In London, near Kings cross, in one of the back streets there is a pub next door to a Mosque called the Crown and Anchor
I was staying locally,paying around 18 pounds a night. This tells you either how long ago, it was or how cheap it was.
I remember stumbling out of the Pub, with my friend – back when friends were fashionable – and walking past the Mosque.
Back in the day when I played pool and got drunk.
I often mean to go back there.
As we came out, A young man was standing outside the Mosque,watched us walk past him and said
“You shouldn’t do it. It’s bad for you”
It’s the Shaljamal Jame Masjid mosque.
or the Euston Mosque, quite small compared to some of the Mosques in the area.
I agreed with the guy. My friend gave him some attitude and still I was silent.
I don’t follow a religion particularly, but breaking them all down, are they not just a means to remind us to treat each other better?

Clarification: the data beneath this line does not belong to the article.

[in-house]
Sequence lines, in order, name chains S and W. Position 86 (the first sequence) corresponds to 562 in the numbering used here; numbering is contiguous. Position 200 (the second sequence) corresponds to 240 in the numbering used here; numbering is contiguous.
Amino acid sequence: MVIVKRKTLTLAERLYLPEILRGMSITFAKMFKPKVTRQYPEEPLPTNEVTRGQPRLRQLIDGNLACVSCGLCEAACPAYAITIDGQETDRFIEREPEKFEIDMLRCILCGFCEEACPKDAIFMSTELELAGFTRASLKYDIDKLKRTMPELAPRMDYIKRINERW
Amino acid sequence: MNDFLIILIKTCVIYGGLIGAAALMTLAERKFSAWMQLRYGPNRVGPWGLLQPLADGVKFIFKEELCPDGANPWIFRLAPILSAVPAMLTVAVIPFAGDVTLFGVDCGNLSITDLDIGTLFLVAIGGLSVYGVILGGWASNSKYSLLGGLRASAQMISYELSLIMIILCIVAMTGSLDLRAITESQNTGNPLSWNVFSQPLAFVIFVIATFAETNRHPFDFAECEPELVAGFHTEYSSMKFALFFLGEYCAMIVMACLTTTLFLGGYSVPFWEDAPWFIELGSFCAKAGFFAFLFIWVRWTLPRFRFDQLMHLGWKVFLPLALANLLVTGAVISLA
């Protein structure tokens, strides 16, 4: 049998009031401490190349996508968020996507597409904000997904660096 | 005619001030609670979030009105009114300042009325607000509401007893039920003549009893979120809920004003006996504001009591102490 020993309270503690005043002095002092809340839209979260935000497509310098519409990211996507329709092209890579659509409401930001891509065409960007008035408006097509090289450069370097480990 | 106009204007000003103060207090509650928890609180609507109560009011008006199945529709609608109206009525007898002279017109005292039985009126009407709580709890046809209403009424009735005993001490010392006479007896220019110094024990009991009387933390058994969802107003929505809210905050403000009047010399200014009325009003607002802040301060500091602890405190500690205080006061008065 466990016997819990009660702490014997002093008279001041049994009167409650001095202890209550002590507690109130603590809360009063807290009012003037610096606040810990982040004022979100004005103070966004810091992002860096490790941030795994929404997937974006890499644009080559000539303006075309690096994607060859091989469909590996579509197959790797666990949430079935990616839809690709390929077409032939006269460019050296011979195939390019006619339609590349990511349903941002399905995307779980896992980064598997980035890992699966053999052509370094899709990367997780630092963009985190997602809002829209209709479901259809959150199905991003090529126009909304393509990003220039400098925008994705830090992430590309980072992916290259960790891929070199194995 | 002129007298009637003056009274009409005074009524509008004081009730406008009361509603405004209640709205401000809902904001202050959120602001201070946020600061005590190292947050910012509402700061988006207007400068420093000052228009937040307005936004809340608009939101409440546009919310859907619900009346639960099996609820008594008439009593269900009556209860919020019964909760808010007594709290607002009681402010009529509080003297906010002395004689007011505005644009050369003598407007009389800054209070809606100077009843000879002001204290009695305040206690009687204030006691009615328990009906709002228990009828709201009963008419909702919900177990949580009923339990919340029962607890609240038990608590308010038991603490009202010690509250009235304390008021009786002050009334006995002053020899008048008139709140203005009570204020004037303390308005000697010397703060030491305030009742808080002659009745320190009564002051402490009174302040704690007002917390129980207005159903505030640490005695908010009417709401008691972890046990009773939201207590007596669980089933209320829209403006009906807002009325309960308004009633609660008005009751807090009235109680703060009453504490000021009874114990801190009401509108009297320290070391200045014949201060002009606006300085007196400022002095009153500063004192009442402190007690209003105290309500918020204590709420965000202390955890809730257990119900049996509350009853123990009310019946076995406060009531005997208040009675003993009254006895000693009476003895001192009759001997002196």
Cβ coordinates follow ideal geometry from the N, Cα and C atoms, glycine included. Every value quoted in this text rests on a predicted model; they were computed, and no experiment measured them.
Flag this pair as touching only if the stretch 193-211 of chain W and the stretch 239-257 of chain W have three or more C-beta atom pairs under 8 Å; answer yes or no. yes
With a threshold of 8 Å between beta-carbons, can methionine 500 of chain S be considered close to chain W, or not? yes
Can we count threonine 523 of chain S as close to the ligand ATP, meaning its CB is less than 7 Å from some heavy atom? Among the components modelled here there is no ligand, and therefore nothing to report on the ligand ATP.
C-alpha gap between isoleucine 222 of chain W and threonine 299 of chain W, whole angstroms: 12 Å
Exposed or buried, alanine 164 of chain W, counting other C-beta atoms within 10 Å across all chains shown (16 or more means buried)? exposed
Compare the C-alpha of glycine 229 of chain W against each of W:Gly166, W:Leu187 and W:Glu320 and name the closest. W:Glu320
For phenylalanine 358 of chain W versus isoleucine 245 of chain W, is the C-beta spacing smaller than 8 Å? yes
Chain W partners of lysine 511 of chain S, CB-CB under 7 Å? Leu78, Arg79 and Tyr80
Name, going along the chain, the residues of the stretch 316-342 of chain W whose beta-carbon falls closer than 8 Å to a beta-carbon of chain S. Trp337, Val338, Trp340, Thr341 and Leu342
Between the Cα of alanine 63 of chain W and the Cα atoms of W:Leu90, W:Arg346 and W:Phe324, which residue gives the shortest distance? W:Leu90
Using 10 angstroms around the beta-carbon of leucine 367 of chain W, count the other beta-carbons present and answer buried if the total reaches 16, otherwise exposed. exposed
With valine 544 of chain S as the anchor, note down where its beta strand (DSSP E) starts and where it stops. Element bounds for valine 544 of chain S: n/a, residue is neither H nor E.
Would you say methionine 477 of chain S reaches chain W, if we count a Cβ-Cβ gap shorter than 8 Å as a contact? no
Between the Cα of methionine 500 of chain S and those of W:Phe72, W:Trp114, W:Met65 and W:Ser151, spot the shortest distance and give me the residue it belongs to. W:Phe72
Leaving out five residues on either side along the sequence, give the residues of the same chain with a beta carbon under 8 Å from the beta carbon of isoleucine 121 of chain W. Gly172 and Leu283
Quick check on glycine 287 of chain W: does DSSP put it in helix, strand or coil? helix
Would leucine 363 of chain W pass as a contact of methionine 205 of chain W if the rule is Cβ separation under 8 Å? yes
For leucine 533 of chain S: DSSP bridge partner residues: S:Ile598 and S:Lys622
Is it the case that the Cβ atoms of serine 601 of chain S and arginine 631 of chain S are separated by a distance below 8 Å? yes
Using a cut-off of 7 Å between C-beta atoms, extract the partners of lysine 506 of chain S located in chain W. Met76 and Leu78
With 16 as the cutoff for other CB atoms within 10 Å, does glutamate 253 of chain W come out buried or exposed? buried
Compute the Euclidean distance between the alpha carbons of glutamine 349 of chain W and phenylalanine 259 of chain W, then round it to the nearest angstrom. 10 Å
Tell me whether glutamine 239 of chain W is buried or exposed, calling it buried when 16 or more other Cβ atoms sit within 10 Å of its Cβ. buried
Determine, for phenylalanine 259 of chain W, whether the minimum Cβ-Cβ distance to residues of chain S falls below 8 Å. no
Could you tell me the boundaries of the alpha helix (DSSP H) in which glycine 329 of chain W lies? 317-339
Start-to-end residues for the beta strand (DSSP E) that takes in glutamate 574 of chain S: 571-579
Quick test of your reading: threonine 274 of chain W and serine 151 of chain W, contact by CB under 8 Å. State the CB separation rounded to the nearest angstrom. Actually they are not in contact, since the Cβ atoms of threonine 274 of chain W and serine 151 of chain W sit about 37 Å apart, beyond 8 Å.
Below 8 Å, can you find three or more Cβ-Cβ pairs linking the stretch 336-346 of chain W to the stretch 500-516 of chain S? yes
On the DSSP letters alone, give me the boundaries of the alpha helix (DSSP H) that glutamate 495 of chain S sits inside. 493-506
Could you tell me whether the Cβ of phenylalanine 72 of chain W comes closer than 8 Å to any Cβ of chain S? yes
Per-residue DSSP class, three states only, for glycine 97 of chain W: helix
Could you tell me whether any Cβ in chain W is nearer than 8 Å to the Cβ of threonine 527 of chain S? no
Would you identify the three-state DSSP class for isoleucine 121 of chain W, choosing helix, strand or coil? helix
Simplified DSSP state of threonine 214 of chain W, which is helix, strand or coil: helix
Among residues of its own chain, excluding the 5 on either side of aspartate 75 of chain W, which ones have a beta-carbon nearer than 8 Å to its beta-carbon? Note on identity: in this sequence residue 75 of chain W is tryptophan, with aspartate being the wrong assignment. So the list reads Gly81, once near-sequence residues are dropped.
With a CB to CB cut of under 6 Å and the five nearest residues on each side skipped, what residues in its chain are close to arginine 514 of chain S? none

That we all deserve love and kindness. That we should take time to show kindness to people, like that guy tried to do to us that day.
I would have secretly loved to walk in that day and learn a new way of life.
But, I got anxious. I know as you enter any Mosque, you have to take your shoes off.
As I knelt, positioned myself to pray. I knew I wouldn’t be able to relax.
My shoes are in the hallway. What if someone just took them?
What if I everyone got to the shoes before me?
Just imagine the carousel at the airport. You think you have a distinctive enough black case, you’ve even tied ribbons to it.
As the carousel starts up, you realize all of the cases are similar.
Would it be the same with the shoes?
The people first out would just take similar looking shoes to their own.
Is there such a thing as Muslim shoe anxiety at prayer service?
I just couldn’t concentrate on prayer.
I promised myself I would go back there one day.
I’d love a game of pool. I haven’t played for years.
Tim Willow’s additional Thoughts
Okay you got me.
I do want to go back and just sit in that Mosque, just briefly.
My friend died of alcoholism not long after our London Visit.
I like to imagine I would see that guy again and tell him he was right.
I’m sorry I didn’t speak up that day.